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Martin Luther King, Jr. (1.17.24)

This past week we celebrated what would have been Dr. Martin L. King’s, Jr. 95th Birthday if he would have lived.  Over the past few years, the Dr. Martin L. King, Jr. Holiday was normally the 3rd weekend of the month; this year it came early and caught some off guard on the 2nd weekend of the month.  The good news is many in the Ohio Valley did get to participate even with the very cold weather.  The majority of the programs went on in the bitter cold with great success. Successful programs took place in Steubenville, Ohio, Weirton, Wheeling, WV, and several other places.  Programs took place all over the nation, honoring this great holiday. 

One of the unique things that took place at the Wheeling, WV celebration was they honored all the African-Americans who were over 80 years old.  These are the ones who saw things before the Civil Rights Movement, they saw life before the marches, the sit-ins, the “I have a Dream” speeches, Bus Boycotts, and so many other non-violent direct actions that brought so many changes.  They may be the last generation that understand personally what changes really took place.

This present generation does not totally understand all the changes that took place, in the same way they do not understand totally what Christopher Columbus saw or felt when he discovered America. ( I know there’s a controversy about who discovered America.)  In a way that is a good thing, they don’t have to deal with the pain of the past.  I was blessed to read to an elementary class that the majority of the class had never heard of Dr. Martin L. King, Jr.   For them it will be just another character in history.  This is why it is so sad, that there are so many efforts to wipe this history from our history books.

No wonder George Santayana a philosopher, essayist, poet, and novelist born December 16, 1863 in Madrid, Spain who died September 26, 1952 in Rome, Italy in a writing entitled “Reason in Common Sense” in 1905 once said, “Those who cannot remember the past are condemned to repeat it.”

Later on, Sir Winston Churchill born November 30, 1874 – January 24, 1965, a British Statesmen, soldier, writer, and a two term Prime Minister of England, (not back-to-back) serving during World War II once said in a speech in the British parliament in 1948, added this to the quote from George Santayana and said, “Those who fail to learn from history are condemned to repeat it.”  I believe there is some truth in both statements, and know that we can take our history and build a better world, or ignore our history and make an inferior world.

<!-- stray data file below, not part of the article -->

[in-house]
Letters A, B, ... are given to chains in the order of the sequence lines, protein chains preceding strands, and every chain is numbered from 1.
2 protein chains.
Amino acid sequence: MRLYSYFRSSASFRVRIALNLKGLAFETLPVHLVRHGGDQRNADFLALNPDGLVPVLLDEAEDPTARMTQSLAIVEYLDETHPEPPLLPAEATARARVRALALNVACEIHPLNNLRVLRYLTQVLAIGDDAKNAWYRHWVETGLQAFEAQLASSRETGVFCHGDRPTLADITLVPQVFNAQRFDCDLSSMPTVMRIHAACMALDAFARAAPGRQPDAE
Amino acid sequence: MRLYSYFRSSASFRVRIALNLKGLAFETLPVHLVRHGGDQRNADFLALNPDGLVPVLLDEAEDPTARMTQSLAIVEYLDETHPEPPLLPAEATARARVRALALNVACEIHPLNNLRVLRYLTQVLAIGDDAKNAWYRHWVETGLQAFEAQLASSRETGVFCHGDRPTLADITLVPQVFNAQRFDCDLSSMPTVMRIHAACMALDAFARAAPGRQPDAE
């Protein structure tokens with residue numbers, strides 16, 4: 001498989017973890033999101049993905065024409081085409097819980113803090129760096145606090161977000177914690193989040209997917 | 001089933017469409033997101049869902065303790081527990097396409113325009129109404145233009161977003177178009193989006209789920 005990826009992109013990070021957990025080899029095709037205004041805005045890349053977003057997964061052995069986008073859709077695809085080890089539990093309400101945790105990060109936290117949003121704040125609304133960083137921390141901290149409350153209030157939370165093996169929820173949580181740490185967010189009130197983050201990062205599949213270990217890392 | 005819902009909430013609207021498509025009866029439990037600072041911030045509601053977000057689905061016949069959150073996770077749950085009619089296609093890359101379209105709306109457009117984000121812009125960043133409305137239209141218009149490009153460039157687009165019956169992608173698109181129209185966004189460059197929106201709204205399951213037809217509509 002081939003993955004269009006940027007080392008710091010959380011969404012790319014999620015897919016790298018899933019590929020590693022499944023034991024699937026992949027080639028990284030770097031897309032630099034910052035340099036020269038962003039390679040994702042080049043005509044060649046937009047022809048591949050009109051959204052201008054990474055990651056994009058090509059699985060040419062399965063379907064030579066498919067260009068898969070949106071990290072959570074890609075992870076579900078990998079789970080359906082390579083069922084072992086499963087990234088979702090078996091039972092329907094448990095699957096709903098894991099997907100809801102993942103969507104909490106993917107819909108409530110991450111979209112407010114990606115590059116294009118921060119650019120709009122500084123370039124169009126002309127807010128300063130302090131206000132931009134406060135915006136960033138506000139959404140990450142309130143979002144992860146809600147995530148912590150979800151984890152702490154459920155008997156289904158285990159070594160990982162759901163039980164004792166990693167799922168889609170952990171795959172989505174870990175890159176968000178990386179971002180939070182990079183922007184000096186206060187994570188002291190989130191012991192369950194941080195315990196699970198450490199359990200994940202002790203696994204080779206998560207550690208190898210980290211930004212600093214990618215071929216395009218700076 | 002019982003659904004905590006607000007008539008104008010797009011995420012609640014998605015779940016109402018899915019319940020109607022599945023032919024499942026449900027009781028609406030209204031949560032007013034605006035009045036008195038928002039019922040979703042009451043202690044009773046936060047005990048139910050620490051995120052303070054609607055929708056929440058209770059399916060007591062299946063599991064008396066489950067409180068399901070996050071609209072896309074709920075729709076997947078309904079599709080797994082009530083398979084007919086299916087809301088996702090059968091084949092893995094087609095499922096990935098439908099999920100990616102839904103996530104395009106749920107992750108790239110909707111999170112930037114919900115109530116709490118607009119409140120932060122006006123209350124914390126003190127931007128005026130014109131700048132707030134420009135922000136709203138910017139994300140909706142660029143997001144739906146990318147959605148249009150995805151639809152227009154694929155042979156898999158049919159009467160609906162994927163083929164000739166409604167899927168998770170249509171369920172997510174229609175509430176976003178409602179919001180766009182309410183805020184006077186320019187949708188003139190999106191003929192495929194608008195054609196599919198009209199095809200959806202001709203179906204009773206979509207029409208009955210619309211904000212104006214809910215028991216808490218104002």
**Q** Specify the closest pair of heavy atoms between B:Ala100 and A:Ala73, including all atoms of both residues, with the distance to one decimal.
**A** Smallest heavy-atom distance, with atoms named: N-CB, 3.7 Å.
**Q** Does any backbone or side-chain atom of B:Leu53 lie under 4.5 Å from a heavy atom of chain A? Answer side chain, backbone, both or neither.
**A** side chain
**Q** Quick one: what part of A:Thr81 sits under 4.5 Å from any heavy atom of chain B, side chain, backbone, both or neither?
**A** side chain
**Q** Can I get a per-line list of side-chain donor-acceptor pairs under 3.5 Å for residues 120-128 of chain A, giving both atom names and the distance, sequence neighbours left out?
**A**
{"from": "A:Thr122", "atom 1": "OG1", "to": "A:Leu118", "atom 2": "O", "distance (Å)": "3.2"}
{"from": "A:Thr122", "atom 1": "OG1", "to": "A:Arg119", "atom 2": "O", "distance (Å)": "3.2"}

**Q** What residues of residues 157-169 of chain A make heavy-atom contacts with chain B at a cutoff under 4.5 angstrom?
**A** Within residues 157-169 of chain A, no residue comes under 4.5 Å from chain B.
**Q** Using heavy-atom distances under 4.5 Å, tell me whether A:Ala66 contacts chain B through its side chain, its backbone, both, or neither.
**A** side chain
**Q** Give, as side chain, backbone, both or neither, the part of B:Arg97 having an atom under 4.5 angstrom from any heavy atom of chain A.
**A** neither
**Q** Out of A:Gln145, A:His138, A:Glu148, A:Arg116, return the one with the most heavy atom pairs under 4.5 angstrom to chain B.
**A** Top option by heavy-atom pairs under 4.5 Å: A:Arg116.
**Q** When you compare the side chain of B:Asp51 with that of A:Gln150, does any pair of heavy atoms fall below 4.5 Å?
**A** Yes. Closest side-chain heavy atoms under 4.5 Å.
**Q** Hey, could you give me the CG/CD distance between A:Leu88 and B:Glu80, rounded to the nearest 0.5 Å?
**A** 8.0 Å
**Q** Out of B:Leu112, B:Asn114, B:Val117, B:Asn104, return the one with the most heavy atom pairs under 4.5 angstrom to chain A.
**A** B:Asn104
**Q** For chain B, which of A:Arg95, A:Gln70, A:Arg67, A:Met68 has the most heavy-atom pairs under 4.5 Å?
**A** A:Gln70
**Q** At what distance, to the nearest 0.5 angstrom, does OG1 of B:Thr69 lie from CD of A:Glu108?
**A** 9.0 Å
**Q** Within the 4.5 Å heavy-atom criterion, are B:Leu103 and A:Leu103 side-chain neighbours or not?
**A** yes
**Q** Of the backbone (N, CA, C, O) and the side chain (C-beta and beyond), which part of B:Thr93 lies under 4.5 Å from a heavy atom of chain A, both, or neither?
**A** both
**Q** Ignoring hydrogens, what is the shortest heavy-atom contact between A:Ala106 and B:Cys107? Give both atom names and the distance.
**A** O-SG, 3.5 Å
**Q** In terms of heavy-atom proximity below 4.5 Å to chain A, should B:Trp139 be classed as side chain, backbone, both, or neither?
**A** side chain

Christopher Columbus kept tow records of the distances traveled on his first voyage to the New World in the Santa Maria.  One was true, he thought, but he deliberately faked the other.  Ironically, the fake log turned out to be the more accurate of the two.

 To alleviate his crew’s fears that they were getting too far from home on an unknown sea, Columbus gave them a reduced mileage estimate.  When, for example, he told them on Sept. 11, 1492, that they had covered 16 leagues, he recorded 20 leagues in his secret log.  Though he didn’t know it, Columbus’ “true” distance records were overestimated by 9% on the average.  His faked distances came out closer to the actual distances traveled.

The problem lay in the inaccuracy of the 15th-century navigation.  No one at that time could measure east-west distance accurately at sea, partly because timepieces (sandglasses) were affected by the motions of a ship upon the waves.  Speed had to be guessed at—usually by watching things float by.  Columbus, like most navigators, was forced to use dead reckoning, which involves laying out a compass course and estimating the distance traveled on a chart.  He happened to be very good at it, but there was much room for error.

     When the crew found out about his deception, they threatened mutiny.  Before they did, however, land—and a New World—appeared!


     I am concerned that there are a number of people who have two logs for their ship of life.  A log that has no prejudice, no discrimination, no mistreatment of others who are different than them, and the true log is buried in deception of themselves and others.  This week, we celebrate the birthday and the holiday of Dr. Martin Luther King, Jr. who was born at noon Tuesday, January 15, 1929 at the family home in Atlanta, Georgia.  It became his mission to make us look at the real log of life with all the imperfections of life.  I regret that no one has to convince me personally that prejudice is alive and well.


 No wonder Dr. King once said, “We must accept finite disappointment, but never lose infinite hope.”  On another occasion he said, “Darkness cannot drive out darkness; only light can do that.  Hate cannot drive out hate; only love can do that.”  Once he said, “Never succumb to the temptation of bitterness.” Also, “Let no man pull you so low as to hate him.”  So, he concluded by saying, “I have decided to stick with love.  Hate is too great of a burden to bear.”


Let me close by using a few more of Dr. King’s statements.  “Life’s most persistent and urgent question is, ‘What are you doing for others?’”  Our lives begin to end the day we become silent about things that matter.”  “The ultimate measure of a man is not where he stands in moments of comfort and convenience, but where he stands at times of challenge and controversy.”  “There comes a time when one must take a position that is neither safe, nor polite, nor popular, but he must take it because conscience tells him it is right.”  Congratulations to all the Dr. Martin L. King Jr. Award winners, rather local, state or national. Keep making a difference in this world.